Wednesday, 10 September 2014

You Email Your Link to Everybody You’ve Ever Met

The situation: email open with ‘to’ field crammed and pleading mantra in the body.

The symptoms: guilt combined with a burning desire to hit ‘send’.

You published your book forty-eight hours ago and so far you’ve only had three sales, one of which was your own test copy. Why aren’t people buying your book? You’ve updated all the social networks and even your online dating profile. So what did you do wrong?

Then you remember email. You haven’t emailed anybody yet! Email is more direct, harder to ignore …

You soon find yourself in front of an email addressed to everybody you’ve ever met. Your finger is hovering over the send button.

Stop.

Think.

Sending a mass, unsolicited email advertising a product could be considered a bad idea. There’s a very good chance that some recipients, especially the ones you don’t know particularly well, will see a mass marketing email as spam.

Whether you send a bulk email notifying your contacts about your book depends on your bottom line. If the bottom line is that you don’t want to annoy anybody at all, don’t do it. If the bottom line is that you want to make sales, then an email notification is not such a bad idea, provided it’s legal in your country. Many of your friends will be delighted to hear that you’ve published a book, even if they don’t feel it’s quite their cup of tea.

I once started listening to a podcast because some people I went to uni with put me on their mailing list without asking. I loved the podcast and still listen to it. It’s now an award-winning success. However, it’s unlikely that their success hinged on their email activity and this method could have backfired horribly.

If you decide to send the email take steps to make your message as informative and targeted as you can. Don’t send a blanket email to everybody you’ve ever met. You’ll be amazed how many contact details an email address book can hoard over the years: former lovers, parents of former lovers, tutors of parents of former lovers, employers of tutors of parents of former lovers, your GP surgery … Do you really want the person who examines you for piles knowing that you wrote a book called NHS Mysteries #1 – Murder of a General Practitioner?

Glance through the list of recipients and if there are people who definitely won’t be interested in your book, remove them.

Make sure you put email addresses in the Blind Carbon Copy (BCC) field, as this prevents people’s personal details being shared. It also means that if somebody chooses ‘reply all’, their response doesn’t go to your entire mailing list. Your aunt doesn’t need to know that your mate thinks your book is ‘Fucking awesome, man’.

Don’t use a deceptive subject line. ‘Long time, no see. How are you, chicken?’ is a deceptive subject line.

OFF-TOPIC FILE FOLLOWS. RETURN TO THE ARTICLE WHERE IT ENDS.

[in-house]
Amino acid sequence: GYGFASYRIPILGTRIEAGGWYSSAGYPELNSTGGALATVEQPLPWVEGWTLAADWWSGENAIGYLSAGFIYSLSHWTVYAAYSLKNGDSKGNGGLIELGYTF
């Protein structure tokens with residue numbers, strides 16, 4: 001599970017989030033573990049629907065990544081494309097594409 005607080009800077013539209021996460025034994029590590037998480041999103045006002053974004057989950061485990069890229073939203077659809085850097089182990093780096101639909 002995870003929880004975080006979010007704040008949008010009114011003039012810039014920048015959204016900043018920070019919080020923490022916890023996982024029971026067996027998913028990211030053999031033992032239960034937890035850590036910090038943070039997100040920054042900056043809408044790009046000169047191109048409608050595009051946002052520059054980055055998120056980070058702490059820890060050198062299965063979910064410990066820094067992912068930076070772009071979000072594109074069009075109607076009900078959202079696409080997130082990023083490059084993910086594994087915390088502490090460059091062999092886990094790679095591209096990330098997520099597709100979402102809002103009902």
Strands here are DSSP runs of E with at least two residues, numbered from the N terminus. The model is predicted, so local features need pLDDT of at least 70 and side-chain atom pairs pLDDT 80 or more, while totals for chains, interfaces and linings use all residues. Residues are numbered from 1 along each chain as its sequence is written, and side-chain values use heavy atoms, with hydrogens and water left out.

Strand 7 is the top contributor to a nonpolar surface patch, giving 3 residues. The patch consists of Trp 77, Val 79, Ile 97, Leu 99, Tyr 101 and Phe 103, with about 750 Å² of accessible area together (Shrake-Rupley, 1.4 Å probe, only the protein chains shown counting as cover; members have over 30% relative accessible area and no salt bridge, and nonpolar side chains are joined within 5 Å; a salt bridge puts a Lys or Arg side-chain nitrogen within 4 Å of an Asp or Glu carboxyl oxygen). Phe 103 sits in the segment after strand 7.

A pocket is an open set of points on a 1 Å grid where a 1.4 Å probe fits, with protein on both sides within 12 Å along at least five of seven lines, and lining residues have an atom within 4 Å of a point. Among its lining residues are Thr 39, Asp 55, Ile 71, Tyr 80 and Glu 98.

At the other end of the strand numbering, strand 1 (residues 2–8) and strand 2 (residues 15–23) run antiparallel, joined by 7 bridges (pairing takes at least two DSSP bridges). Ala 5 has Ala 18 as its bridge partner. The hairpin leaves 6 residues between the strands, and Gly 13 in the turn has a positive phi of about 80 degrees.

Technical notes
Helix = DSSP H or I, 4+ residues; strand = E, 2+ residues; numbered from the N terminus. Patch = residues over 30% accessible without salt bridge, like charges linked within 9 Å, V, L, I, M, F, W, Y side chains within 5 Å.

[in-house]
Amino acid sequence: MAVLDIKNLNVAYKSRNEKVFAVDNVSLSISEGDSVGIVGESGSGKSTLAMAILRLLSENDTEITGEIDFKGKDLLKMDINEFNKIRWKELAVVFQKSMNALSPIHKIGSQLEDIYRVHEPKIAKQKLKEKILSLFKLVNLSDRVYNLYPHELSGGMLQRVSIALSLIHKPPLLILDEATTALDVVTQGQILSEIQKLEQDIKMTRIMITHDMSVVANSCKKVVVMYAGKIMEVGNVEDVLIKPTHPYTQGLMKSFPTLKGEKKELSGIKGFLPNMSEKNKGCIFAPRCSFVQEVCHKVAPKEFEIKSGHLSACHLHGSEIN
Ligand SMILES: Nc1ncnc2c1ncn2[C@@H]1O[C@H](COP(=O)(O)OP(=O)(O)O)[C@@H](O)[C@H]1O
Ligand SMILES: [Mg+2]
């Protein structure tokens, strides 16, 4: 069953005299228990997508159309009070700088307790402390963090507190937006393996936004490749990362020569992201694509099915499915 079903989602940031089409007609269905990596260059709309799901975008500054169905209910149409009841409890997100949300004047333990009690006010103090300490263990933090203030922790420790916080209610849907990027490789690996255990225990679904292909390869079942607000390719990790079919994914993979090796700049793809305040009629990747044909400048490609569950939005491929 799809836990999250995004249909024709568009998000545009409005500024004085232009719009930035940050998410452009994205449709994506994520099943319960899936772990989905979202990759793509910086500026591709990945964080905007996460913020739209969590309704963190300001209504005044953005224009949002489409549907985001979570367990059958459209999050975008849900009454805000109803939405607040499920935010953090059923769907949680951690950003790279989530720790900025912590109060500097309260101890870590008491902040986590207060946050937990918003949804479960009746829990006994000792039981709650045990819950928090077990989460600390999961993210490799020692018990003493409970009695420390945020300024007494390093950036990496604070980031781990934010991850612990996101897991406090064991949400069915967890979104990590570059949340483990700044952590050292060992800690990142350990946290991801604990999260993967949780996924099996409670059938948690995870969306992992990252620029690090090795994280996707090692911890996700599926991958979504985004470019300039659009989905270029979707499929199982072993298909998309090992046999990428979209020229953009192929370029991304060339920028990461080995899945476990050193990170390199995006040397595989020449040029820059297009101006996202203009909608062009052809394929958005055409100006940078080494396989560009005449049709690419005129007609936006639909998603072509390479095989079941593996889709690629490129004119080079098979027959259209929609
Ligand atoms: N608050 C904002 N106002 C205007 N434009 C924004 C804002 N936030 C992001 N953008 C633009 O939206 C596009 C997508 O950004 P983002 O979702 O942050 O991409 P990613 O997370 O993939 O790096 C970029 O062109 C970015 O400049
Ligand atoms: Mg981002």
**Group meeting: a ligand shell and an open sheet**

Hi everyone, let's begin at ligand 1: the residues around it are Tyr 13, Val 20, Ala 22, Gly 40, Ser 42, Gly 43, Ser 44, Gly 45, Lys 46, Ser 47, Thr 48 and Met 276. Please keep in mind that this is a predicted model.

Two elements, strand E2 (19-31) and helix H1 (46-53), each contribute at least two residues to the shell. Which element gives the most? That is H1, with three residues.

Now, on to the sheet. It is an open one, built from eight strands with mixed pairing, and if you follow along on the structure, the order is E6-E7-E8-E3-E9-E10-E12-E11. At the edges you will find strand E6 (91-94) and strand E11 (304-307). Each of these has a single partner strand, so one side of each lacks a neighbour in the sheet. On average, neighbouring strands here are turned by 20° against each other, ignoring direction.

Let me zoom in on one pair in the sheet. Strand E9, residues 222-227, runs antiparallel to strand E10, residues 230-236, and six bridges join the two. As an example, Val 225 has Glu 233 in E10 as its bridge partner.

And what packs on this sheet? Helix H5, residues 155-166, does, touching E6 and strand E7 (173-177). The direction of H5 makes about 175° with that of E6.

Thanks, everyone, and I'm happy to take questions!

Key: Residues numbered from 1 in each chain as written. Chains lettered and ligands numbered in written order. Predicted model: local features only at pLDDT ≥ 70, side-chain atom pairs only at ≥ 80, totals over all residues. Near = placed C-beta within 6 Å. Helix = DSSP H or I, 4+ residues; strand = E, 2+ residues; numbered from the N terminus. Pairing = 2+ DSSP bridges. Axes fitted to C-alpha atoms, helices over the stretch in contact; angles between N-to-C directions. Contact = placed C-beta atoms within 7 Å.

Now look at the body of the email. Do not launch into ‘BUY MY BOOOOOOOOK!!!!111’. Start by saying hello and then politely explain that you’ve written a book and you’d like to tell people all about it. Do not pretend that you’re not trying to sell your book. Do not make it sound like you’re writing to an individual. These things will be noticeably insincere and put people’s backs up.

Make sure you include details of how to unsubscribe. Write a brief footer saying words to the effect of, ‘This is a bulk email and if you’d prefer not to receive any more book notifications, please reply with the word “unsubscribe”.’ Then gracefully accept unsubscribers’ decisions. Make a note of people who opt out and never send them another book advert. I once tried to unsubscribe from book notifications sent by a passing acquaintance three times. On the arrival of a fourth email, I wrote back threatening to report him to the ICO.

In my experience, emailing 100 acquaintances results in approximately ten congratulations, five sales, two unsubscribes and one self-righteous rant.

If you wish to take a softer approach, you could put details of your book in your email footer. That way people you keep in contact with will read about your book without the intrusion of a dedicated email.

Please note: whilst it’s important to promote your book, emailing your stalker could void that cherished restraining order.


Additional Blog-Exclusive Advice

By Richard Martinus
Richard on amazon.co.uk

If you’ve considered emailing everybody in your address book then the chances are that you’ve also considered the drive-by-promo technique.

The drive-by promo is one of the most powerful marketing tools in your armoury. It comes in a variety of forms:

1. The standard drive-by promo: write up a lengthy advert for your latest masterpiece and blitz every reader and writer forum you can locate with it. Don’t feel you have to hang around to answer questions or show an interest. People in these forums do not expect you to contribute; they’d far rather you were busy writing your next book with which to regale them. In any case, if we’re being honest, they’re generally a boring bunch of bastards and you don’t want to waste your precious time on them.

2. The slo-mo drive-by promo: this is where you precede your drive-by promo with a series of daily teasers. Fifty is the minimum recommended number. Be sure not to let on what it actually is that you’re promoting. (That’s why they’re called teasers, duh!)

3. The J-Lo slo-mo drive-by promo: as above, but illustrated with pictures of eye-catchingly proportioned Hollywood actresses.

4. If you have any images to illustrate a J-Lo in Jell-O slo-mo drive-by promo, please send them straight to me.

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